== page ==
Saturday, 27 September 2014

GoodRead - The Misunderstanding

I don't read adult often. But am feeling a need to read more grown-up books. So, a fortnight ago, I was out with my other half and went into a bookshop. Out of the corner of my eye, I saw this cover and it was pretty. I took a photo of it and had to leave the shop. A week later, I donated some books to my local library and, on impulse, went to look for this book and a Joanne Harris book. Joanne Harris wasn't there but this was. It was only after I took it out did I read what this book was about.

So much for never judging a book by its cover.

Set after the First World War, Yves is a troubled man. From old money but fallen on hard times, he goes on holiday to Hendaye. While there, he meets an old friend and his wife, Denise. There's a spark between them and their affair begins.

But summer turns to autumn and they both return to Paris. Denise becomes driven by desire and suspension and Yves doesn't know how to express his love to her and is begin to feel suffocated by her love, while struggling with money issues. He asks Denise to leave him be to figure it all out.

This is where the misunderstanding takes place, and the events that follow could destroy their love...

To find out that this was Irene Nemirovsky's debut novel and she wrote this when she was 21 is a huge shock as, while only 164 pages long, this book was well-established in my opinion.

I found this book fascinating as it showed how different the culture between France at the time this book was written and modern day has changed and how a affair can start and dissolve, like this book did.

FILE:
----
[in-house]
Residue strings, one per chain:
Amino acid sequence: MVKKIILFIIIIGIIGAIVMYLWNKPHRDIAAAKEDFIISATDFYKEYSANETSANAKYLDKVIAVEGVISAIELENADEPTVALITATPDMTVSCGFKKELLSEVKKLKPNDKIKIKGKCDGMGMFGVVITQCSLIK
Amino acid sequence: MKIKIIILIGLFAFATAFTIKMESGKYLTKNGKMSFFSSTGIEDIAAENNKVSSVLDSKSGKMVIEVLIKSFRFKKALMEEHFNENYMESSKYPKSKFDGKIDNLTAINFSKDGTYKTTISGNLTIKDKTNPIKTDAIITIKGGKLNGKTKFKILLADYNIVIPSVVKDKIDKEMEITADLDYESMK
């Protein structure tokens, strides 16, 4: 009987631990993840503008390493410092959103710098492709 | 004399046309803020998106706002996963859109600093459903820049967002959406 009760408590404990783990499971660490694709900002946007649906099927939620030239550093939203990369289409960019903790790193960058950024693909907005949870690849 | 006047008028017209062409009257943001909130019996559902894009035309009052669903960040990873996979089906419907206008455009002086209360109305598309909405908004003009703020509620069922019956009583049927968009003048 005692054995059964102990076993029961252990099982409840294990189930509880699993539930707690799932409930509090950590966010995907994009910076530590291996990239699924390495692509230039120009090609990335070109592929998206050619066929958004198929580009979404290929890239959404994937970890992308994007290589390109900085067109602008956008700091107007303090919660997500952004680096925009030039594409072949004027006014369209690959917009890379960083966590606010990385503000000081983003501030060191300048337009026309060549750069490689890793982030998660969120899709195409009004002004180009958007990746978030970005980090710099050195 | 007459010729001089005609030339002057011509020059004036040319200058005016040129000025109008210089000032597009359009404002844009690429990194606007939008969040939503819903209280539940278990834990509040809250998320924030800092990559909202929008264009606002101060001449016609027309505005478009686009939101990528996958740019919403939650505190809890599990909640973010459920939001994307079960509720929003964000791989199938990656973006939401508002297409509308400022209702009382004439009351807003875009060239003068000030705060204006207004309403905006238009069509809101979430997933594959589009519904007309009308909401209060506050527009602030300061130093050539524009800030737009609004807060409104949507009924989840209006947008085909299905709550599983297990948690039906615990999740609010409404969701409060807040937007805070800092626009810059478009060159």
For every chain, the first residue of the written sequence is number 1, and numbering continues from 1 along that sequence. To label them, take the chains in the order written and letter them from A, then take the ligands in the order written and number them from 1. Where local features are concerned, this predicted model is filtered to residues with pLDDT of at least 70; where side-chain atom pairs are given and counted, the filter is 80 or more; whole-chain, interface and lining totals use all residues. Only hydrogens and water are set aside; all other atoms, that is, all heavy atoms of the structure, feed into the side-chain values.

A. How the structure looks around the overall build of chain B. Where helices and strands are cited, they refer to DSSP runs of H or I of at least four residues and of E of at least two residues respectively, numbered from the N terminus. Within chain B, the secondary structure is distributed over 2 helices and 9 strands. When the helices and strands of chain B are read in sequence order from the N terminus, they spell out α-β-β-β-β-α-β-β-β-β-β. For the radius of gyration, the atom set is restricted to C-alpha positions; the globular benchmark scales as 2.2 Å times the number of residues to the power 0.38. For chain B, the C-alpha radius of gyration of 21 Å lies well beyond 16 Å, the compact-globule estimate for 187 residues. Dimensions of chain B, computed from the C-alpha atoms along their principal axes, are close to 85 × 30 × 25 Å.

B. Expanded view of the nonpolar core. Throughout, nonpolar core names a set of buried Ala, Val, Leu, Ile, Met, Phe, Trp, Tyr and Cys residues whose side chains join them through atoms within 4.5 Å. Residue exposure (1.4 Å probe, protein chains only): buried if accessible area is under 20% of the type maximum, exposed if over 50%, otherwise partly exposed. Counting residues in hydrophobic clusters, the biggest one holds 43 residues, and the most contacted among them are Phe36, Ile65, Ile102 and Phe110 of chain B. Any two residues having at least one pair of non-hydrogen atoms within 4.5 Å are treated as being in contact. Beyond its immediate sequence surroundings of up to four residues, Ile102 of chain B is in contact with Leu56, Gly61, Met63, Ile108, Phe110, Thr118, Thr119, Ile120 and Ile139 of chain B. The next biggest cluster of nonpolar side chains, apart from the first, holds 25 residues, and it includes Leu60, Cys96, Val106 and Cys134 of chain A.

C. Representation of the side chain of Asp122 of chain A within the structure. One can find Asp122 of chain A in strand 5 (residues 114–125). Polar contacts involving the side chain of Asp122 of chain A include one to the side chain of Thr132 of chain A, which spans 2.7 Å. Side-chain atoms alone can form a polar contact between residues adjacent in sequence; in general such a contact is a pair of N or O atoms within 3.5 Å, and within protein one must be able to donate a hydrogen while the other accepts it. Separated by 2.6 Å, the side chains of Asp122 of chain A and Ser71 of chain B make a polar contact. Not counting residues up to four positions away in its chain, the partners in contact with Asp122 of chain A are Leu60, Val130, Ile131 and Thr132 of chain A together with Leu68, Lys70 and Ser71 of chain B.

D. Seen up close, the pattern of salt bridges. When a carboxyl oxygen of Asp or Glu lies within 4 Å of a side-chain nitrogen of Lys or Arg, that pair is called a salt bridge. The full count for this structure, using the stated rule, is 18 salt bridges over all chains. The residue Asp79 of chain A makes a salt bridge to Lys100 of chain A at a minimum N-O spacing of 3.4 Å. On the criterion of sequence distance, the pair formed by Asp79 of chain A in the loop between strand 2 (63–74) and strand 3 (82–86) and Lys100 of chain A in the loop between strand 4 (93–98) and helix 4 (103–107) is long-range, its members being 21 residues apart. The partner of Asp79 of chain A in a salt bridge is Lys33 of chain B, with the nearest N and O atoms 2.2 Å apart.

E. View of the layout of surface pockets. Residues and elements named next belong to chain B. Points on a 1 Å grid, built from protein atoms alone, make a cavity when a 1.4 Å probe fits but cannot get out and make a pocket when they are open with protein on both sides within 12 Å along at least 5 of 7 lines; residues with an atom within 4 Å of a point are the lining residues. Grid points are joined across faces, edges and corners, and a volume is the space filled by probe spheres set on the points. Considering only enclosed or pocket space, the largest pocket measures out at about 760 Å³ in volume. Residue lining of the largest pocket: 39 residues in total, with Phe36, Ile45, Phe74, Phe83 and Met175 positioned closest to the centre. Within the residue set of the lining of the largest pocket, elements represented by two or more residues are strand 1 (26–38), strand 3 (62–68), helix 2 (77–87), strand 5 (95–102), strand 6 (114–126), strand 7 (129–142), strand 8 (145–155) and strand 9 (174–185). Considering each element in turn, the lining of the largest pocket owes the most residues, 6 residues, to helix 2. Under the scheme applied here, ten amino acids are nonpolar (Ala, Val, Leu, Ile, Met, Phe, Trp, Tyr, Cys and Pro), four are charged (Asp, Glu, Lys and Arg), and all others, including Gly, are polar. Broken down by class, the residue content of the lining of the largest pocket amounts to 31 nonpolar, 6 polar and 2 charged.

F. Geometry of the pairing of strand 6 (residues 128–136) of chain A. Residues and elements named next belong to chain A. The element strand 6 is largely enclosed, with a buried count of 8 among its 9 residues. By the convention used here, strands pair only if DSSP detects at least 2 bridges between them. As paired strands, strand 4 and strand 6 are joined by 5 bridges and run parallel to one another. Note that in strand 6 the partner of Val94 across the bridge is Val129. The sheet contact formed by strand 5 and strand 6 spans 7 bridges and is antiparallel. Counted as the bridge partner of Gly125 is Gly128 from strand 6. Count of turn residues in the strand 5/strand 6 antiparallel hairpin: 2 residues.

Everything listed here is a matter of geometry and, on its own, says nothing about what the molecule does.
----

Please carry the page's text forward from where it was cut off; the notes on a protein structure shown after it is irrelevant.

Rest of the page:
My only fault is the main characters. While I do like both Yves and Denise, I found as the book goes on, I got frustrated with them. With Denise, I found her slowly becoming too much so I understood why Yves felt suffocated. However, I got annoyed with Yves because he wouldn't speak to her. I understood his logic - it's very much male pride - but there were times I wanted to shake him because of it.

But I enjoyed it the more because of this. Irene made it more interesting because it wasn't a "pretty" affair - it started nice and romantic but it turned, and I liked how Irene wrote and I liked how the translation never felt jarring, which is something I usually have when I read translation.

But I enjoyed myself reading this and I can't wait to read more of Irene Nemirovsky!

No comments:

Post a Comment